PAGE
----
If you are a supporter of cannabis in California, Oregon, Washington or Nevada, then you know the Emerald Triangle. The Emerald Triangle refers to a region in Northern California which is the largest cannabis-producing region in the United States. Most of the illegal marijuana has come out of Humboldt County for over 50 years, but since medical marijuana has been legal since 1996 and it has been hard to enforce by local police, or they really do not care. Either way, the cultivators in Northern California have hit a crossroads when it comes to recreational legalization of marijuana.
California voters passed an initiative to legalize recreational weed starting January 1, 2018 and all eyes on are the famous Emerald Triangle to see how legal and illegal marijuana farmers are going to handle their operations. Most of the growers were against legalization because the illegal markets were so lucrative.
Will the best buds come out of Humboldt or will there be a shift in where you can buy the best recreational weed in California?
New Frontier Executive Vice President of Industry Analytics John Kagia told the Eureka Times-Standard that the input of Humboldt growers is key to providing an accurate picture of how a major hub of production is responding to the emerging regulatory framework.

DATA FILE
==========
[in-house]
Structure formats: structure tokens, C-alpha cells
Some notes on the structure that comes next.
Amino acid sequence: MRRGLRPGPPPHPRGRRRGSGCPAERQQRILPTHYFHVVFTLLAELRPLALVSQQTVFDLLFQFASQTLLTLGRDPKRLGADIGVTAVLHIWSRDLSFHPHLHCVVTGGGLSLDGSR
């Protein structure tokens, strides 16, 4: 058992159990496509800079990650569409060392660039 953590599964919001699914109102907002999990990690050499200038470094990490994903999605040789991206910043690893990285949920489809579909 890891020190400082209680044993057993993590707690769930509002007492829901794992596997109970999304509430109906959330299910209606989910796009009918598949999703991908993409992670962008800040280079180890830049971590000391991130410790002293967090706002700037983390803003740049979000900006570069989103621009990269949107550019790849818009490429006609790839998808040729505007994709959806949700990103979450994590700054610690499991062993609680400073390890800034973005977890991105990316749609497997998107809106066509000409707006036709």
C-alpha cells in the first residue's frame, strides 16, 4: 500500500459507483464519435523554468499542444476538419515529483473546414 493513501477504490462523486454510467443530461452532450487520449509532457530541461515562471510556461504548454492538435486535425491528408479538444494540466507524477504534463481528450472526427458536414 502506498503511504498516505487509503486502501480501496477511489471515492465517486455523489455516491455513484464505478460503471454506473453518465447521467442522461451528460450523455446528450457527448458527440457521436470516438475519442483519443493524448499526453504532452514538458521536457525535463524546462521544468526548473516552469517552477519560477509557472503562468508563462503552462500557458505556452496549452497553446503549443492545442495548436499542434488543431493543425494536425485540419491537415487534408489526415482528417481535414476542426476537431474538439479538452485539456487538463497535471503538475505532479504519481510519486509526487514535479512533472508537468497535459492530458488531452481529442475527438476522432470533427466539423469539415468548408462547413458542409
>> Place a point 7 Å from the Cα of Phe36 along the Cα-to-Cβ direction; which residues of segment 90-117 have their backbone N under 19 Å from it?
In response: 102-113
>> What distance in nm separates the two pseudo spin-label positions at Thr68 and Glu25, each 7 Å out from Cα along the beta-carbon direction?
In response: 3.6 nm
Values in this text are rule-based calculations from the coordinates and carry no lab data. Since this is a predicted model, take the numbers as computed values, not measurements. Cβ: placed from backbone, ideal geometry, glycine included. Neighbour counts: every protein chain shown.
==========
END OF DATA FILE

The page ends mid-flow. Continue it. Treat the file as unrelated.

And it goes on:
“The survey is targeting growers in the Humboldt region because we’re really trying to understand not just how they are currently producing, but also how they preparing for the transition to the new recreational market and what impact they think it will have to their operations…. We hope that the community will embrace this effort because we really do want this to be a platform that gives the community a voice and one which allows not just the rest of the state, but the rest of the country to better understand what we believe to be the most important cannabis producing region in the world.”
It’s important to bear in mind that many growers in the Triangle were not supportive of Prop 64 or its predecessor Prop 19, which some analysts say was narrowly defeated precisely because of a lack of support in this key region.
Sunshine Johnston is one of the Humboldt growers New Frontier spoke with during its research. Her take on legalization summed up the uncertainty many in the industry feel.
“I grew up during the drug war — I had to survive then and I have to survive now. The risks now are much more challenging; you can’t see them. Before it was a little cat-and-mouse game with helicopters,” she said. “Now I don’t even know what the risks are or the dangers are: I can’t tell if I’m walking into a dream or a nightmare — honestly, I really don’t know.”